A field-mapping and crystal-chemical study of two alunite- and halloysite-rich deposits in the Turplu area, situated northwest of Balıkesir on the Biga Peninsula of northwest Turkey reveals a mineralogically diverse and a potentially economic clay deposit. The mineral assemblage along fault zones is dominated by halloysite and sometimes alunite. The alunite is nearly end-member in composition (a = 6.995 Å, c = 17.195 Å ) often occurring with a minor Ca phosphate phase. Of the two deposits studied, the more northerly mine contains more alunite relative to halloysite. Geochemical alteration indices suggest that the northern mine has experienced a slightly greater degree of hydrothermal modification. Halloysite is found in both hydrated and dehydrated states and assumes a tubular morphology. Observations by transmission and scanning electron microscopy are consistent with a model of halloysite dehydration, where the shapes transform from an open-hole tubular morphology to a closed-hole unfurled morphology.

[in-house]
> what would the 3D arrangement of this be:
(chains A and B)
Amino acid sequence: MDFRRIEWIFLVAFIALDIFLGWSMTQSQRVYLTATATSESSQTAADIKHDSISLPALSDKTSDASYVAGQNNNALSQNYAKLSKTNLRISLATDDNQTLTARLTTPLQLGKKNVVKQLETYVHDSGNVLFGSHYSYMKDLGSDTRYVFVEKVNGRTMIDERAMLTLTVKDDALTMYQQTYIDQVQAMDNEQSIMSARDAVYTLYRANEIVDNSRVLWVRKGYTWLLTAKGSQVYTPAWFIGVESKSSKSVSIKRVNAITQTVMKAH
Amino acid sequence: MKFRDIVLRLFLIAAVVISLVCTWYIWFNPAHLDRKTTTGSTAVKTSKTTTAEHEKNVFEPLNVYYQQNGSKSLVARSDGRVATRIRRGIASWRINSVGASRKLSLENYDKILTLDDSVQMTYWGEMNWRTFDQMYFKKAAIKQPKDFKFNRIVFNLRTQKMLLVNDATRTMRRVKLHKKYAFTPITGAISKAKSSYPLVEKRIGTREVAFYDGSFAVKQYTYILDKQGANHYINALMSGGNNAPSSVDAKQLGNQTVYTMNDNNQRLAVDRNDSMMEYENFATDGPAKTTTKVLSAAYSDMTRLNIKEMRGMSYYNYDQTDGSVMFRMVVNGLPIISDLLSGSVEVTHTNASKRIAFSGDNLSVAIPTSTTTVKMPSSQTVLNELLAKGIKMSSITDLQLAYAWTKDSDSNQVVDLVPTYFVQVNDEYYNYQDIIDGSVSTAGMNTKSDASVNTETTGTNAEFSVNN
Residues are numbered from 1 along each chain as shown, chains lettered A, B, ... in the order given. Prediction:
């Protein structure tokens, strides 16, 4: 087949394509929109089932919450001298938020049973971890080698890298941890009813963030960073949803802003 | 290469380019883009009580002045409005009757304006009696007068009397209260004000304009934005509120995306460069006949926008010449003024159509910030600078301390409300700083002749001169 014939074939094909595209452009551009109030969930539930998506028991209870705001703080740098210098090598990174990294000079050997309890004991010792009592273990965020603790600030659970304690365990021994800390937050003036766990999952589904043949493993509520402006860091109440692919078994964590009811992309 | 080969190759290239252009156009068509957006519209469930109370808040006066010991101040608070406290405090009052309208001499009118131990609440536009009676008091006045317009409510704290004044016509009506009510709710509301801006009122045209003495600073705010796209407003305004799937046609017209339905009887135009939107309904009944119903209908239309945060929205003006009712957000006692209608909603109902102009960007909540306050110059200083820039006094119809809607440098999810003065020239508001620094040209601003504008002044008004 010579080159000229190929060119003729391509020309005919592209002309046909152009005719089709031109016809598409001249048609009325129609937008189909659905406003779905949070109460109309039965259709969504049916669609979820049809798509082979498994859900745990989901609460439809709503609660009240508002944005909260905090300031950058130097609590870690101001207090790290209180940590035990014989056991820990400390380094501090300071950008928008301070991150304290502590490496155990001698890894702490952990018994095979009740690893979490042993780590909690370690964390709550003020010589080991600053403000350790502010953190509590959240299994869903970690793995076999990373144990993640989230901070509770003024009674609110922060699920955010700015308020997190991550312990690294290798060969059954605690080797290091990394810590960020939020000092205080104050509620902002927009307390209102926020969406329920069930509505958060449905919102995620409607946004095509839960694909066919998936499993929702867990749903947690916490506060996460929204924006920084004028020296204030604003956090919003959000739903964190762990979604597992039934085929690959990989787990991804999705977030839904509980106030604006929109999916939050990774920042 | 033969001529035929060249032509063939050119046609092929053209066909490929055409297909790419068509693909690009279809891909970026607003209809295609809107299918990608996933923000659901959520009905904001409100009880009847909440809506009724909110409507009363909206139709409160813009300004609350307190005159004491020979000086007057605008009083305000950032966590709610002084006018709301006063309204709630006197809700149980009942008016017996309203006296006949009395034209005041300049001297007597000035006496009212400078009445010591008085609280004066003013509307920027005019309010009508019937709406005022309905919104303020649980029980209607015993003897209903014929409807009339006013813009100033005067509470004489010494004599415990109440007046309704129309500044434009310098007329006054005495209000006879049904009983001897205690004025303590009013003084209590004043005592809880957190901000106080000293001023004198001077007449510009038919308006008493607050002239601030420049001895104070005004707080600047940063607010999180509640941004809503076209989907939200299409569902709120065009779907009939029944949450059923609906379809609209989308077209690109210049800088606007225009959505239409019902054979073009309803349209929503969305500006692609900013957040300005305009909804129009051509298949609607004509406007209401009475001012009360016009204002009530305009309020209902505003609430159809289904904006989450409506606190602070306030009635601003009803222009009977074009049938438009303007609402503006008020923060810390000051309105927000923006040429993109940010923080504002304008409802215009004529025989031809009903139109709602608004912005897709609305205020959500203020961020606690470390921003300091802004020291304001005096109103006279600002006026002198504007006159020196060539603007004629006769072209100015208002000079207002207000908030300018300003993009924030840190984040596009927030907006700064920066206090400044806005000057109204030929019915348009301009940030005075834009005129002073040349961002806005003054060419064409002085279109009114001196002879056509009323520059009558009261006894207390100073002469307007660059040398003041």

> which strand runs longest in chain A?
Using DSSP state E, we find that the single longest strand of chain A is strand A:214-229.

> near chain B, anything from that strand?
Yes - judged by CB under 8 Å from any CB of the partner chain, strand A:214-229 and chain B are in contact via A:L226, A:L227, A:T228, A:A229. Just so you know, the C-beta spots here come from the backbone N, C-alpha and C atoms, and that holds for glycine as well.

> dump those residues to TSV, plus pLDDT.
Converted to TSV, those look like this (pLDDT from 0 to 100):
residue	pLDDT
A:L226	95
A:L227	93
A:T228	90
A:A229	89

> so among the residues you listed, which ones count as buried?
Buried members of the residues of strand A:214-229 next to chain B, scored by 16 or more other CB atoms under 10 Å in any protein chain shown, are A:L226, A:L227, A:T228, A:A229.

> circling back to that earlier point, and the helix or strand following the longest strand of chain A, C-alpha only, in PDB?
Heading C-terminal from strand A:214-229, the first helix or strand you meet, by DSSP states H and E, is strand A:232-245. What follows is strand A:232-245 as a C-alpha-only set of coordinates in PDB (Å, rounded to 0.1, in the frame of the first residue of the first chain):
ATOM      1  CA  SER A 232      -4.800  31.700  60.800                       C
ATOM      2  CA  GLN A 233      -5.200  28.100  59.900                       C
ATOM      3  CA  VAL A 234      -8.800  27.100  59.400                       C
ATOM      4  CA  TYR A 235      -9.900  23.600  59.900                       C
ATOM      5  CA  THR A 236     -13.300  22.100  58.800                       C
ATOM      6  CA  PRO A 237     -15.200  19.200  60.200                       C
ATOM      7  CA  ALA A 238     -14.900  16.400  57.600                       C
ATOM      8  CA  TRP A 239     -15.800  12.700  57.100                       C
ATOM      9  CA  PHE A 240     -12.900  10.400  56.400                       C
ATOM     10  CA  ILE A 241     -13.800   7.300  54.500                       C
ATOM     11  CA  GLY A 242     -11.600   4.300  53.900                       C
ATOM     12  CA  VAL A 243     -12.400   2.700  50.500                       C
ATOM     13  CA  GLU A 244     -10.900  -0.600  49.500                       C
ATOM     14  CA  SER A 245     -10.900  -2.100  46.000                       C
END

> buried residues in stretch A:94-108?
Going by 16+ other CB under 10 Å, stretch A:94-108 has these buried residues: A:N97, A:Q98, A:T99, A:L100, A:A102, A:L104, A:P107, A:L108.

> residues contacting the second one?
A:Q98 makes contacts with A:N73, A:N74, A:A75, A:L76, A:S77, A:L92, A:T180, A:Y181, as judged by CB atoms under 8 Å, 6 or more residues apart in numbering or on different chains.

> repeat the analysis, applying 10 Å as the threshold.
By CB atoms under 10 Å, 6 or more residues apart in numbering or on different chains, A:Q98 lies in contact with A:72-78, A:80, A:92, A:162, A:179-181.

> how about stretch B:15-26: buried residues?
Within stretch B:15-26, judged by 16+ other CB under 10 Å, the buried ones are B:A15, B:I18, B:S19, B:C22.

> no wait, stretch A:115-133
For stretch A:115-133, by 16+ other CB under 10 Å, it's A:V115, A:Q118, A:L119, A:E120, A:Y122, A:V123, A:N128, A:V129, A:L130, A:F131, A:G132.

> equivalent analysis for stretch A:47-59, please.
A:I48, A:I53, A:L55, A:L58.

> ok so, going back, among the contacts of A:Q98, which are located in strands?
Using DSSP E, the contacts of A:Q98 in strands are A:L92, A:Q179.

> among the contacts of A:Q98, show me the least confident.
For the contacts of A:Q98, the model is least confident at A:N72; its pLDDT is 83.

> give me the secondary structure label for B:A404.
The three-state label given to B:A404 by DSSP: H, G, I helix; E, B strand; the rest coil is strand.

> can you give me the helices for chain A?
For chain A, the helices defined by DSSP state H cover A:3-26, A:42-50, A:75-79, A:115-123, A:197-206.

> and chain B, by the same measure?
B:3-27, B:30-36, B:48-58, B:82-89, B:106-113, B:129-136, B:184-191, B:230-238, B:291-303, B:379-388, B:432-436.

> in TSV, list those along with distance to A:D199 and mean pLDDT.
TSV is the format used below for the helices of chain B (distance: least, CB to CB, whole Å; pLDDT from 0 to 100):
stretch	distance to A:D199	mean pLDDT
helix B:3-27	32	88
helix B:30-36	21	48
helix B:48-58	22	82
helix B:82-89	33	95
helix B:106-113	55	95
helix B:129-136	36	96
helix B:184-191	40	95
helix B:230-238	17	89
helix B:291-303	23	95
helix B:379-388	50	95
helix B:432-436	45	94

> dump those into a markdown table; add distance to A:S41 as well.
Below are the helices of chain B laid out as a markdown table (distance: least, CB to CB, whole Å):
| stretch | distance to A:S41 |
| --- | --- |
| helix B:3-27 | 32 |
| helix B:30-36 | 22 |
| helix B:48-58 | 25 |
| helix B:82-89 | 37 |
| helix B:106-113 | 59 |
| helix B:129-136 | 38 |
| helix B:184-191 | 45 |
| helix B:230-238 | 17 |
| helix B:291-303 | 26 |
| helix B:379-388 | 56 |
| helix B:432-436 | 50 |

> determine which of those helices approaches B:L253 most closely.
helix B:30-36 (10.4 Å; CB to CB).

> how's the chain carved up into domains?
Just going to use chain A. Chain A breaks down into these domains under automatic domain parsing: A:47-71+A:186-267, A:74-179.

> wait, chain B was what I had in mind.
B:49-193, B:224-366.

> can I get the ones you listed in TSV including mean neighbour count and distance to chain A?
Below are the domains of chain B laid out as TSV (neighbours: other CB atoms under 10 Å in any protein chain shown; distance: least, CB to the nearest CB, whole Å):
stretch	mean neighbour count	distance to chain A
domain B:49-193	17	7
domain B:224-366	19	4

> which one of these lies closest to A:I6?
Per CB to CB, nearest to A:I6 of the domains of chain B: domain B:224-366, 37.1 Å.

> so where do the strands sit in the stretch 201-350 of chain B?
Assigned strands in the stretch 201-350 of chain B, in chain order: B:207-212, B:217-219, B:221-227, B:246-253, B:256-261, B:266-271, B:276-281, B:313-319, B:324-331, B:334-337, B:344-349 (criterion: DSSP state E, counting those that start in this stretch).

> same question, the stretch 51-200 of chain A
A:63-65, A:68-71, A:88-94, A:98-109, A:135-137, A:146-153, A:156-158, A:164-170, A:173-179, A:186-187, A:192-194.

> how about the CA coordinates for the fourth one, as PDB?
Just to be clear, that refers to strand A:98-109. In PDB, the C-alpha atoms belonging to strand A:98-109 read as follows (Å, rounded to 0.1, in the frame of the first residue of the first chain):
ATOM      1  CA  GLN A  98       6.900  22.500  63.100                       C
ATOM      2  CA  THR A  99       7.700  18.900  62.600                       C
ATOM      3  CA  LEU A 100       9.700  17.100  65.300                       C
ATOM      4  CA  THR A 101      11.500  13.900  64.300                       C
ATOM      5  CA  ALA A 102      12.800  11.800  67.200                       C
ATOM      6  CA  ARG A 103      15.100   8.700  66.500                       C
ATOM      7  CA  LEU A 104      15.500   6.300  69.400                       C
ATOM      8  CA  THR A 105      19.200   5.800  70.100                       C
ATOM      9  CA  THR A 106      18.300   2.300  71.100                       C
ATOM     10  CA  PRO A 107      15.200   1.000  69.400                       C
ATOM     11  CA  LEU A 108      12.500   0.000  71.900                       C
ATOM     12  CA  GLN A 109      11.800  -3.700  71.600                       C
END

Mineral paragenesis includes the effects of initial deposition of volcanic tuffs and andesite on top of karstic terrain. The contact between altered volcanics and underlying limestones is irregular and appears to have provided a mechanism to flush both hydrothermal and meteoric waters through the volcanics. Periods of hydrothermal alteration (hypogene) contemporaneous with extensional and strike-slip faulting have resulted in alunite and halloysite deposits. Hydrothermal alteration is concentrated near the fault zones. Because of subsequent weathering (supergene) away from the fault zones, much of the andesitic volcanic rocks have been altered to a more smectite-rich and kaolinite-bearing assemblage. The deposits continue to be both plastically deformed in the alunite/halloysite regions and to undergo brittle deformation in the saprolitized volcanics. Tectonic deformation has mixed the contacts, such that limestone blocks are entrained into parts of the alteration zones. Gibbsite and gypsum are common weathering products associated with limestone block inclusions. Genetic models for the origins of alunite-halloysite deposits in NW Turkey should consider as possible influencing factors the underlying lithologies, the extent of hydrothermal alteration, and recent weathering by meteoric fluids. In the case of the Turplu deposits, karstic limestones, hydrothermal circulation of sulfate-rich waters, and a post-alteration history of meteoric weathering were all important factors in their formation.